HCWM has been an integral part of the National Health Policy since 1998 and in 2000, the program started being implemented. Waste management is one of the indicators used in the Annual performance Review (APR) of the National Health Program.
Quantification of waste generated has been carried out and the following figures obtained:
- 0.64 kg/day/bed of general waste;
- 0.14 kg/day/bed of hazardous waste.
HCWM is being applied systematically in 4 Medical college hospitals and 20 District hospitals. The efforts focus on solid waste management for the time being.
1. Management / institutional aspects
At National level, overall supervision is carried out by the National Implementation Coordination Committee that works within the Ministry of Health.
At secondary and tertiary HCF level, it is the Director-Hospital & Clinics and Line Director-Improved hospital services management that are also in charge of HCWM coordination and supervision.
At primary HCF level, the Director-Primary health care and Line Director- Essential service delivery act as the reference persons for HCWM.
The above mentionned Directors work within the Directorate General of Health services. They have no specific manpower or vehicles allocated for HCWM.
2. Training aspects
Doctors, nurses, paramedics, cleaners, ward boys and support services are included in the training program and separated into three groups.
The standard program includes one day of theoretical information and another of practical training. Nurses, paramedics, cleaners, ward boy and support services receive an extra training on logistics.
The courses avoid one way information by including group discussions, etc. Overhead projectors and multimedia are used as training aids.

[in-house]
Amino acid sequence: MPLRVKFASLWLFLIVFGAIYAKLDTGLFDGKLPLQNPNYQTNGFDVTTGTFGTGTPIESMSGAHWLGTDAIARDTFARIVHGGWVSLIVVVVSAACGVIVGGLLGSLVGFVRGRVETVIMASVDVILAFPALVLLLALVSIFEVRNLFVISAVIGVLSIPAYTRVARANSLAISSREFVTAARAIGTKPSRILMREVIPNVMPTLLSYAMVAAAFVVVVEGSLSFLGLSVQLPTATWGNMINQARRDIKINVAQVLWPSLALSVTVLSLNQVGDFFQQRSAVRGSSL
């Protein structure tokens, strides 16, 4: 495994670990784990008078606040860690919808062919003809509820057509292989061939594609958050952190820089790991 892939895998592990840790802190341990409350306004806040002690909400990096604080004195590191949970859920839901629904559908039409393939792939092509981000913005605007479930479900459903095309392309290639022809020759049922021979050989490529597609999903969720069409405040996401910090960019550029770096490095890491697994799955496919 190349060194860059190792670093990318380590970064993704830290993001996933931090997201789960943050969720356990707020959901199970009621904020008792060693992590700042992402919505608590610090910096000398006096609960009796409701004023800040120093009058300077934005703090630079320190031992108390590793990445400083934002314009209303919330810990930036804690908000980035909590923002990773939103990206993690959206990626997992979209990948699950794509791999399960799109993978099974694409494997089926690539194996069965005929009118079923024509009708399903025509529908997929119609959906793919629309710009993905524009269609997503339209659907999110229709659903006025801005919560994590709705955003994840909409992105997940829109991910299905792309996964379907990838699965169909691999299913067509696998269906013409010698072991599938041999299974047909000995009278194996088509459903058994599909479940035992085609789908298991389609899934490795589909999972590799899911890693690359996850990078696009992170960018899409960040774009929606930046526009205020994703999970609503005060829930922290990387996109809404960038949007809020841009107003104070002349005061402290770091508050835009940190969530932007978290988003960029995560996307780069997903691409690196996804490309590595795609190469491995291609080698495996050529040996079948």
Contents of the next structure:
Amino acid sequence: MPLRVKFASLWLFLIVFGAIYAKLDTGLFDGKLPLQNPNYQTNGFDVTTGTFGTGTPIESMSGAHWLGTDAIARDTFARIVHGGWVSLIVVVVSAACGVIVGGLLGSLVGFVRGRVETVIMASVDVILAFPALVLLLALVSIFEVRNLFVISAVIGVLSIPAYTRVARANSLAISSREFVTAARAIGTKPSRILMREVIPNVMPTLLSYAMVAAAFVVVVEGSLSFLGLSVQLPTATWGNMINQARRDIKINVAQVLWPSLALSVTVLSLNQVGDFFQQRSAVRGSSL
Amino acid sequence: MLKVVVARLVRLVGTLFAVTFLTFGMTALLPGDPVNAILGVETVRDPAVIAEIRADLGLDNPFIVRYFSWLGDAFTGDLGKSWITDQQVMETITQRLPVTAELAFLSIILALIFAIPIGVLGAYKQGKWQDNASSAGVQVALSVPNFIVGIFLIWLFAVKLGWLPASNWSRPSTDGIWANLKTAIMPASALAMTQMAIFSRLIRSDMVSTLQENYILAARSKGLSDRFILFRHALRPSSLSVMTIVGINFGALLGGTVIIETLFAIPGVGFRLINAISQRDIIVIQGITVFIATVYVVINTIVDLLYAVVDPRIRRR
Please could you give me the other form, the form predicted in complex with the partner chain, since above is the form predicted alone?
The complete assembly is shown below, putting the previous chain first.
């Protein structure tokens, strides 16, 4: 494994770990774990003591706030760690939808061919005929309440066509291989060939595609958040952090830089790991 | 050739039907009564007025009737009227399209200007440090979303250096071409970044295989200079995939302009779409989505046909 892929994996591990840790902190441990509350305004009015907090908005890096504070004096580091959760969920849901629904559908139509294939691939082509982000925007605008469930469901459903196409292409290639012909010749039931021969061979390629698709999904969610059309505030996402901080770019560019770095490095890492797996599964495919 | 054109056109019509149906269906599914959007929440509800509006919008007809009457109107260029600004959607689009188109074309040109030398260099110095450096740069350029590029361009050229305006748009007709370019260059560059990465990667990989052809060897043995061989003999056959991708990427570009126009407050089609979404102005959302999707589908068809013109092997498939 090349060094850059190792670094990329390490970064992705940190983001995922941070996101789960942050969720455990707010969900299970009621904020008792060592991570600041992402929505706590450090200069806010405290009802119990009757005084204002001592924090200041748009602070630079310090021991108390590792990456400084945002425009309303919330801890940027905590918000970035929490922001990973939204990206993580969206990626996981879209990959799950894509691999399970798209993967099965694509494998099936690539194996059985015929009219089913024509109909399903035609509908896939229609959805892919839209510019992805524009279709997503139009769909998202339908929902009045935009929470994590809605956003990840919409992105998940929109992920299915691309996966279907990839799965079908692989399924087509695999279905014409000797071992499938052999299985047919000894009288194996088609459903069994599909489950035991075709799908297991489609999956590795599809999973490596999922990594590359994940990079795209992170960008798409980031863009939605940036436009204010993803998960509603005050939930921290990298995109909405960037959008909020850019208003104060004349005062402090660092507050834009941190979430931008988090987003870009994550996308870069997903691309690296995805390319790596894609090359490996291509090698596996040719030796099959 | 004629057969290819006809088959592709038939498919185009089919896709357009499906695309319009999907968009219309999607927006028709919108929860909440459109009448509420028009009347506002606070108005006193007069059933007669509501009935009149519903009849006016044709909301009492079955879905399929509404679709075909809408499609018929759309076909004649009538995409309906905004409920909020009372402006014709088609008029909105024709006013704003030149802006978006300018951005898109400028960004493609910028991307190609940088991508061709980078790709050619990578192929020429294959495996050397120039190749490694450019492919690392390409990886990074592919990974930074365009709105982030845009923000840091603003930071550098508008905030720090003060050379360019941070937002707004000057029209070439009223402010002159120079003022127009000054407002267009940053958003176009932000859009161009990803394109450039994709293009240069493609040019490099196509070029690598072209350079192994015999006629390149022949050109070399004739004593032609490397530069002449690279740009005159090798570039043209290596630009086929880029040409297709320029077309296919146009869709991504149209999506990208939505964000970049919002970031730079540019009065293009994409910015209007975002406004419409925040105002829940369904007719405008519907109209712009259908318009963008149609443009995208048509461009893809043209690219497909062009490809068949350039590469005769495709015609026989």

A draft training manual has been prepared and is currently being tested to identify possible gaps and ensure it is the most suitable possible.
3. Regulatory aspects
At National level, HCWM rules have already been drafted in local language («Medical waste management and handling rules») under the Environmental Conservation Act (1995). This rule covers both public and private sector HCFs.
These rules have already been approved by the Ministry of Environment and Forest and are now waiting for vetting by the Ministry of Law and Parliament. Once approved, they will be notified by Gazette.
At HCF level, guidelines for the logistics of HCWM have been issued as well as operational guidelines / pocket book for the nurses.
4. Financial aspects
At present the HCWM program is financed by the GOB and Development partners.
The MOH is taking further necessary steps to ensure sufficient resources of the HCFs are allocated to HCWM.
5. Technological aspects
The present final treatment and disposal technique used is the institutional based PIT disposal method.
A work group is defining centrally based treatment methods for very large cities.